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While studying at school, college or university can be a wonderful opportunity to learn and grow, it is not without its stresses too – particularly around exam time. This can be a very stressful period and you may face some challenges as they get closer.

This simple tips will give you some tips on how to help combat exam stress and get you ready for the day.

Am I stressed?

While you are caught up in the middle of revision and studying you may not even realise you are stressed, so here are some of the signs to look out for:

• Feeling overwhelmed
• Trouble sleeping
• Feeling confused
• Losing touch with friends
• Having trouble making decisions
• Upset stomach or feeling sick
• Fidgeting, nail biting, teeth grinding


Mindfulness - a breathing exercise

Hand Setting Natural Pebble Stone with Smiling Face Cartoon to Balance

Sometimes we need to take a minute to just breathe. Find somewhere comfortable to sit or lie down and close your eyes. Take a minute to focus on your breathing - is fast or slow?

Regulate your breathing to a comfortable pace, allowing any thoughts or feelings to come and go. Just relax and breathe, you may feel it helps. Try and do this every day, for as long as you need to.


How can I manage my workload and reduce stress?

Good exam preparation is key to helping you to reduce your exam-related stress. Here are some tips to follow when you are studying for your exams

  • Find a quiet place to study
  • Organise your space so it is not cluttered and is without distractions
  • Find out as much as you can about your exam so you can prepare
  • Ask your teacher if you’re unsure what course content to focus on
  • Make a ‘mind map’, using bright colours and images. There are many different learning techniques, so finding which works for you will really help
  • Make a plan for your study sessions, set a time with short breaks included to get fresh air.
  • Divide your session into blocks. Focus on one block at a time
  • Ask for help if you need it. That includes if you’re feeling stressed, as sometimes talking to a teacher, friend or someone you trust can be reassuring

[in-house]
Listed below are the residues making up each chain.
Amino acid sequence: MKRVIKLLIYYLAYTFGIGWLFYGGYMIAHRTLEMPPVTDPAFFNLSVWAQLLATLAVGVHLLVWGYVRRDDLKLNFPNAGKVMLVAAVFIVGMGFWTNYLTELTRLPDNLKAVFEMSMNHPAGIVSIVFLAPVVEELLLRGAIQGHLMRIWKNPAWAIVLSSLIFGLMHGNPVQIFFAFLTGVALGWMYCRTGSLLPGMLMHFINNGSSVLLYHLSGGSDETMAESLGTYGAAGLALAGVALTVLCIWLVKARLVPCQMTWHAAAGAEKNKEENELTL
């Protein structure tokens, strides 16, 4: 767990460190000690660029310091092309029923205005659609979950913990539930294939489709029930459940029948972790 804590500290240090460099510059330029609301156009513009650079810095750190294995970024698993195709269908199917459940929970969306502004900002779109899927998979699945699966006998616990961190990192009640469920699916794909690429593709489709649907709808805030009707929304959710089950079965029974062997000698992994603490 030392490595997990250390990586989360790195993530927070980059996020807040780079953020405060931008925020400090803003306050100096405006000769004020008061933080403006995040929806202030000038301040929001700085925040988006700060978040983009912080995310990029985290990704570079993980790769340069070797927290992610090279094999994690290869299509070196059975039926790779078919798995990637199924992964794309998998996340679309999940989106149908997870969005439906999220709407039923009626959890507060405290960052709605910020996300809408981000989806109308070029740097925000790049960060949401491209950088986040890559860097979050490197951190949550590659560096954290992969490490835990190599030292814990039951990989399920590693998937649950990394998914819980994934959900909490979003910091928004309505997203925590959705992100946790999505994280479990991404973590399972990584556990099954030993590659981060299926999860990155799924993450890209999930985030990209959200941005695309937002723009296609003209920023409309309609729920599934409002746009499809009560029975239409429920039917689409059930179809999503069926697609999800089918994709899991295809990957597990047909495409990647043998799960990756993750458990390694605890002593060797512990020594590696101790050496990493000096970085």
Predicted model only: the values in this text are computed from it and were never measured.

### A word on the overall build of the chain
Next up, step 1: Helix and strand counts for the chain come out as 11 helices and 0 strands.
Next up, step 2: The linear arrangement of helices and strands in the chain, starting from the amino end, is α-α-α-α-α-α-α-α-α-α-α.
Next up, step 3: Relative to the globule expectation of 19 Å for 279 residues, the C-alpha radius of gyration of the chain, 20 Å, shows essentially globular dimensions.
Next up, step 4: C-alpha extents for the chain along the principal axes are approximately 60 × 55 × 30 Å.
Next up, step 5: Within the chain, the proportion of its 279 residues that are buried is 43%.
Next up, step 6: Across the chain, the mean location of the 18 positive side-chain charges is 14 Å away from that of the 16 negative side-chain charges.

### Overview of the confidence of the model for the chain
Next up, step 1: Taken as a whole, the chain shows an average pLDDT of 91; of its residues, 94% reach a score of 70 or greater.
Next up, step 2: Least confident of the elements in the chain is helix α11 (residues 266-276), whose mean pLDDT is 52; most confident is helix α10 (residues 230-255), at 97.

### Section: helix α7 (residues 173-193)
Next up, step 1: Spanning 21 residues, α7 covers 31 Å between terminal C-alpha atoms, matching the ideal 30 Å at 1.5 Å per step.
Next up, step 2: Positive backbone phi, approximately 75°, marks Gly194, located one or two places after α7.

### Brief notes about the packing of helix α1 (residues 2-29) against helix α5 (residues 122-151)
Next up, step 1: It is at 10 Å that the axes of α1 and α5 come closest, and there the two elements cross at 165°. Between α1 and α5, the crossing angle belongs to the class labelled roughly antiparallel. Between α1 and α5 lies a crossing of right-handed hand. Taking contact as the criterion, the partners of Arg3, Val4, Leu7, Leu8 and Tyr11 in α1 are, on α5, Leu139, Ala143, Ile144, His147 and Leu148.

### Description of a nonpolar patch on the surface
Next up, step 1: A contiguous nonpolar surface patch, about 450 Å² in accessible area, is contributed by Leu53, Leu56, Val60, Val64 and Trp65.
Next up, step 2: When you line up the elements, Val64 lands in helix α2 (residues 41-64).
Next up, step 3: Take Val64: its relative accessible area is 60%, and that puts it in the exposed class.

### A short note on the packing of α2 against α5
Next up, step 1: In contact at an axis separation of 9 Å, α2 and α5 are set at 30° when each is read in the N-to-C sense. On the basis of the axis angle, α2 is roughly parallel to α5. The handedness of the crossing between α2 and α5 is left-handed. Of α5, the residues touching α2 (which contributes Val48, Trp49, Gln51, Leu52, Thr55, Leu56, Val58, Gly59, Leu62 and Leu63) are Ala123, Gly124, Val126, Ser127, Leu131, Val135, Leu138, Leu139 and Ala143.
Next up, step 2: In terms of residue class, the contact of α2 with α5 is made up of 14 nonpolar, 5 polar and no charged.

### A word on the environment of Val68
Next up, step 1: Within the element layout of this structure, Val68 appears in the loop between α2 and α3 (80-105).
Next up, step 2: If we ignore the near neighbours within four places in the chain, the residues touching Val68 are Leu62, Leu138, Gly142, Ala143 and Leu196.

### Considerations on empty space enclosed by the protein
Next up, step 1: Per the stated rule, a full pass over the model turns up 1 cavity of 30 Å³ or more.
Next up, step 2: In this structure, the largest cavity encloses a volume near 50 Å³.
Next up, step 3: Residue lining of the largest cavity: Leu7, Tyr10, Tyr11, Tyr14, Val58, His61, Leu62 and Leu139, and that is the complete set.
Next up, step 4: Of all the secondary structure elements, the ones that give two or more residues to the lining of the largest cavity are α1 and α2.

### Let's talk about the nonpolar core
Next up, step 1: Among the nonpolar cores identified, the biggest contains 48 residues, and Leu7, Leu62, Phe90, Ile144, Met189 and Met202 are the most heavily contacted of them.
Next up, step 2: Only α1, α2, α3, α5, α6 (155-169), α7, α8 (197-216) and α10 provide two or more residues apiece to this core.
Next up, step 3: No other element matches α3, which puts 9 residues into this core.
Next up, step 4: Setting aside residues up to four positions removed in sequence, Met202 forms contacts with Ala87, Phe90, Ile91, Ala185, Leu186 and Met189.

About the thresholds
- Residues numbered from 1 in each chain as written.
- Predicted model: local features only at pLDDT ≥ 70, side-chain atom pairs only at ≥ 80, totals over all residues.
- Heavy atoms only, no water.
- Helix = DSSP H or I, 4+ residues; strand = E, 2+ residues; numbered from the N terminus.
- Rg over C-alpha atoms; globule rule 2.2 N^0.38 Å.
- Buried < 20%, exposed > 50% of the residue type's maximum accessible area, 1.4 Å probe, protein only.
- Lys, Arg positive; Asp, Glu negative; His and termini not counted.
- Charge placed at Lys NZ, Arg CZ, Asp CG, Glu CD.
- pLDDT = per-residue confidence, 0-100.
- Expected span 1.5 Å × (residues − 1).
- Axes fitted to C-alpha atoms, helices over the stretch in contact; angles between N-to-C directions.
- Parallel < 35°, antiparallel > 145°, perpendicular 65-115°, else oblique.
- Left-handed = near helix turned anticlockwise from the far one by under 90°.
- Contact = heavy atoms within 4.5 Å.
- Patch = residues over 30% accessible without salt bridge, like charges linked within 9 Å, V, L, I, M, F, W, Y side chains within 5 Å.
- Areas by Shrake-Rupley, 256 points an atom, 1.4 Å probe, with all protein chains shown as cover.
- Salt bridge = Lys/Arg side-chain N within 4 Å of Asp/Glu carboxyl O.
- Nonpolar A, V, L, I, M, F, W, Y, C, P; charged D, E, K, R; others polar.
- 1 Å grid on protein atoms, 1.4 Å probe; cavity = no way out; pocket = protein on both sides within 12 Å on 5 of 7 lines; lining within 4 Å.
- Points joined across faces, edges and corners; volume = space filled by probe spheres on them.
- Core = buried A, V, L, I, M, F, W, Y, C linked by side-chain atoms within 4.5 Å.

• Eat well, prepare yourself nice evening meals and try not to skip breakfast

Exam Day

Exam day has arrived and you have done all you can to prepare but you may still feel stressed.

student sitting on row chair doing final exam in classroom

This happens, but here are some things you can do to help control that:

What do you need to bring with you? Organise this the night before

  • Eat breakfast, this will help your energy and concentration
  • Go to the toilet before the exam starts
  • When you sit down, before you begin your exam, take a long deep breath. You’ve got this!
  • When you receive your exam paper, read through it carefully. Underline or highlight any key information
  • Work out how much time you can spend on each section
  • Work on the questions that you find easiest first
  • When you have completed all the questions, take a minute to go back and re-read your answers, starting with the most difficult questions first.
  • Don’t overthink about your answers once you have left the exam hall – turn your thoughts to something else!

Finding help

Don’t be afraid or embarrassed to reach out to others for help and support, whether that’s friends, family or flatmates.

Most schools, colleges and universities have dedicated counselling supports in place for students. Ask about these at your place of learning.

Helpful resources on exam stress management can also be found at:

www.nhs.uk/mentalhealth
www.studentminds.org.uk/examstress
www.redcross.org.uk/get-involved/teachingresources/tackling-exam-stress

If you feel you need further support contact your GP, as they can offer more information, advice and access to additional services which can help.